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Introduction

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Chapter Summary

Western jurisprudence has long struggled (and presumably will continue to struggle) to balance the claims of the public and the private good. Strangely, perhaps, of all the principles and precedents brought to bear on the problem, there is little reference to two propositions enunciated by jurists in the 9th century: ?Those who are convicted of a public crime are to be judged in the public forum and should perform public penance in a manner prescribed in canon law?; and ?If one sins publicly, one should do penance publicly. The evolution of a compelling synthesis of religious and juridical ideas is especially noteworthy in view of the somewhat ad hoc organisation of political, judicial, and pastoral administration in the Carolingian domains. This chapter presents an overview of how the other chapters of the book are organised.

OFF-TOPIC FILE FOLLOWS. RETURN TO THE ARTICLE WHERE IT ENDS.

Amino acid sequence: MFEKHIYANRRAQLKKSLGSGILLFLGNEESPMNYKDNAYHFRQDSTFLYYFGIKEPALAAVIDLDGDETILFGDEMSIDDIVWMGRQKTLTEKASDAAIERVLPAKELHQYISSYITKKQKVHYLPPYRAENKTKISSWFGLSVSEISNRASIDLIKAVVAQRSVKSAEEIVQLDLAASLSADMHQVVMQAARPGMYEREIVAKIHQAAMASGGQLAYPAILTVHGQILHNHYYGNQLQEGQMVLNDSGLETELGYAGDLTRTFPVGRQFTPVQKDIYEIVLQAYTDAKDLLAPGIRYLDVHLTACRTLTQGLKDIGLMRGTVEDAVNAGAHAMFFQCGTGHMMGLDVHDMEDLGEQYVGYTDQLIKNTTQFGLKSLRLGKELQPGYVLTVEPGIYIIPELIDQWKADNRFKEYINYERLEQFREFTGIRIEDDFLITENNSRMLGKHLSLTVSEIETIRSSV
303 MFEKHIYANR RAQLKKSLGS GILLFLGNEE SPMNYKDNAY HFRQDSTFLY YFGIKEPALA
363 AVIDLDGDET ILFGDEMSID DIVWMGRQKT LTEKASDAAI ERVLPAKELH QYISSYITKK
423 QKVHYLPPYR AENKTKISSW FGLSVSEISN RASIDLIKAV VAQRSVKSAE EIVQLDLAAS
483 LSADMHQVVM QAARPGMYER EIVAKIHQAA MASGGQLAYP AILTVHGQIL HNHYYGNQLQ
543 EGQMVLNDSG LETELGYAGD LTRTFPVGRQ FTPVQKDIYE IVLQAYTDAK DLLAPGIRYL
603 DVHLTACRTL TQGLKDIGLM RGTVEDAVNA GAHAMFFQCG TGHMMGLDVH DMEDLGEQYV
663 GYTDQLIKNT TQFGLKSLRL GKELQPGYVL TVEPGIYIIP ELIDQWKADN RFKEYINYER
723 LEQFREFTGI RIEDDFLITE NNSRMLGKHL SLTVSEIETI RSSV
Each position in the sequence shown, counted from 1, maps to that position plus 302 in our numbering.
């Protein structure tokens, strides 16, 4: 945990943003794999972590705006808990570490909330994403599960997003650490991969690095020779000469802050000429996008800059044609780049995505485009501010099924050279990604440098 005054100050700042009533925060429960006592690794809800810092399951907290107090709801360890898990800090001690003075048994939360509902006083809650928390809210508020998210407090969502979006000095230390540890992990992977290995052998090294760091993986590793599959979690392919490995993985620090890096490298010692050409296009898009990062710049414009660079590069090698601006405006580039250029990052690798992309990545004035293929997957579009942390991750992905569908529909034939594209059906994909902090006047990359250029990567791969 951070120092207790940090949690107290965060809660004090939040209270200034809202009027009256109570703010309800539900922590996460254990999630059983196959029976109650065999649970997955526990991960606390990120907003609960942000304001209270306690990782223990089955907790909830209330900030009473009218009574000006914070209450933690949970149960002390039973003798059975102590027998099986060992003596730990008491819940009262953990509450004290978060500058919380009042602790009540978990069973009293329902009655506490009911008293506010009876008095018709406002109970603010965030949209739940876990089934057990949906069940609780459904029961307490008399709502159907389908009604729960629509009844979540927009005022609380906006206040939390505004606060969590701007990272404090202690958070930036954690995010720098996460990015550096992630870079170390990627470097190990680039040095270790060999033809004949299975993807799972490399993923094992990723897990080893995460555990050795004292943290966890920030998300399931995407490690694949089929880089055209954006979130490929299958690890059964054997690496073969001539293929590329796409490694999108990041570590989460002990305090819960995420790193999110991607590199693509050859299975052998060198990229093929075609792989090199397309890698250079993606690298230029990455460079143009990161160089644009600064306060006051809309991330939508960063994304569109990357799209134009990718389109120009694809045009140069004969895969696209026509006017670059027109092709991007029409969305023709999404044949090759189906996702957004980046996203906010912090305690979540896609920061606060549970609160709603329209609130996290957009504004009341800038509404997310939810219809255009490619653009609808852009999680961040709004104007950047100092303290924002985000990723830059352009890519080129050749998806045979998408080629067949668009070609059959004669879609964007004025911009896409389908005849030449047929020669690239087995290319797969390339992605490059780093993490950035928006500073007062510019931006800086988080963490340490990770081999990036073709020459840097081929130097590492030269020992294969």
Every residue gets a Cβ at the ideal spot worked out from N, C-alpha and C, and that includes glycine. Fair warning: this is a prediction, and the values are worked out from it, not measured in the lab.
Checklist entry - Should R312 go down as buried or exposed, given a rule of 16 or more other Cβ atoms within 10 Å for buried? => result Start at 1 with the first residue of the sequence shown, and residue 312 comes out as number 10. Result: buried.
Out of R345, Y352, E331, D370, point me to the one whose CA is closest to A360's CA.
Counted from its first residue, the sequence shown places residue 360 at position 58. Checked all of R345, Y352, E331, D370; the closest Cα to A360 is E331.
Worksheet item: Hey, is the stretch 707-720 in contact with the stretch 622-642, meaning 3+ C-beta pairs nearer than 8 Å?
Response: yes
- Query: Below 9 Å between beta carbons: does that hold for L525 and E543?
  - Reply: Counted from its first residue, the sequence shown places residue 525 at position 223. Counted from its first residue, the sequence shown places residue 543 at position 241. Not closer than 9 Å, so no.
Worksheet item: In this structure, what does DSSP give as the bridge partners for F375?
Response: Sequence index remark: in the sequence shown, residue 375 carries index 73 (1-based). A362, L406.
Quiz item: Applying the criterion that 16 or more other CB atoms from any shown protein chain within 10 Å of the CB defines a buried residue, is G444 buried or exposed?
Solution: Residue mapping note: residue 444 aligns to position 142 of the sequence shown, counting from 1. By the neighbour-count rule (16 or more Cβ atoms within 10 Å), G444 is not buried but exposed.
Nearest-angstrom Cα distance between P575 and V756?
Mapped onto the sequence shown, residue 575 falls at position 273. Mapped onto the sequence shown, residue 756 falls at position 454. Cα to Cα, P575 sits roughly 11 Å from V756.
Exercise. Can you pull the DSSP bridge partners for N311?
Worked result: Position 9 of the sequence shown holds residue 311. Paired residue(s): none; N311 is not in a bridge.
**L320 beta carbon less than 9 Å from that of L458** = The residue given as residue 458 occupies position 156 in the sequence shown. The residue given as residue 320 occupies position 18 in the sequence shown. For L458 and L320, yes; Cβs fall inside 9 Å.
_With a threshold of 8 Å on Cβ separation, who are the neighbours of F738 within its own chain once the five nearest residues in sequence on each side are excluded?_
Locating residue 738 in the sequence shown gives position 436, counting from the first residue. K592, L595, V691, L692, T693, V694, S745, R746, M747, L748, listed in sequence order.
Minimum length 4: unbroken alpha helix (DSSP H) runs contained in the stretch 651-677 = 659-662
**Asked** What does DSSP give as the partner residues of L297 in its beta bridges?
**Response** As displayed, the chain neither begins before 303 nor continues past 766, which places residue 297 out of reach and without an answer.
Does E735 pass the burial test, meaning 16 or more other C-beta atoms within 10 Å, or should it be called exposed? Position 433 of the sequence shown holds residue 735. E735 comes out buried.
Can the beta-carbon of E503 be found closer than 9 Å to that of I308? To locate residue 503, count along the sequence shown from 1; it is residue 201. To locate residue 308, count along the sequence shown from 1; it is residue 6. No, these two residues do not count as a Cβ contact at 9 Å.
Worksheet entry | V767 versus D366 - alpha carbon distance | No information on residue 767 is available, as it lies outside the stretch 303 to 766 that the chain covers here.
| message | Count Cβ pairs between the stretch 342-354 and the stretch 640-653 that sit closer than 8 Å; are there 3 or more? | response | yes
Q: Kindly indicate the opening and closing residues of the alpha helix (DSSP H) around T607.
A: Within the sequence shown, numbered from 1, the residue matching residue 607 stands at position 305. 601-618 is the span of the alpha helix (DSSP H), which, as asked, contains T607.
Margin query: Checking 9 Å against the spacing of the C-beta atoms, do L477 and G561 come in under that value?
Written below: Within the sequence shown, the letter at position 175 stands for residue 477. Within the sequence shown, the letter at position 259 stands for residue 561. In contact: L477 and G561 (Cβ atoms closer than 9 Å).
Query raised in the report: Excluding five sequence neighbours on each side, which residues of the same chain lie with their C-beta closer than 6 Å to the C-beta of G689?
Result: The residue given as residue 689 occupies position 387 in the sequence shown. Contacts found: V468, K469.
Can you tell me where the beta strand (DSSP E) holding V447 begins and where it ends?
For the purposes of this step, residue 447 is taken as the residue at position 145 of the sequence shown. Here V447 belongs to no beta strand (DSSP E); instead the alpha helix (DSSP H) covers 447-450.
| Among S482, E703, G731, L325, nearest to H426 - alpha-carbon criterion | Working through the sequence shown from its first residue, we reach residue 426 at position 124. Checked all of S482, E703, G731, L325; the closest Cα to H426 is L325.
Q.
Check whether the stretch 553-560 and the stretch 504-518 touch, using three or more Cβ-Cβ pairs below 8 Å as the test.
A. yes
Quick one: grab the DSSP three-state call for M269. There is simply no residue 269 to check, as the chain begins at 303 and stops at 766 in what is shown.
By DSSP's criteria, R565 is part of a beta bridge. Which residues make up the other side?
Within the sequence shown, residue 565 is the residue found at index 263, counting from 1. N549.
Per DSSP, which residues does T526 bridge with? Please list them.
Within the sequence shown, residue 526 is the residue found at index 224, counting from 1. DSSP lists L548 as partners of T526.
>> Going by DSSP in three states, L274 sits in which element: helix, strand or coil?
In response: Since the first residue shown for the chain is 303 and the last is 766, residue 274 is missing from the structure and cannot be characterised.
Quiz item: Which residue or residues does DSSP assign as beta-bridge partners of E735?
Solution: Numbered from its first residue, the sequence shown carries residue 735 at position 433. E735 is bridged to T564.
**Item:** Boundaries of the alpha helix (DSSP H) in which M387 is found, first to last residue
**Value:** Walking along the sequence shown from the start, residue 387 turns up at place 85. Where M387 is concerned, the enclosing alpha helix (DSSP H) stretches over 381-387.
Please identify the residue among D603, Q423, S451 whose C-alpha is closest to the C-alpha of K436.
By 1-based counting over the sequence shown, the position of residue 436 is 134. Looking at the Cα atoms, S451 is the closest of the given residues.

Keywords: Carolingian domains; compelling synthesis; western jurisprudence

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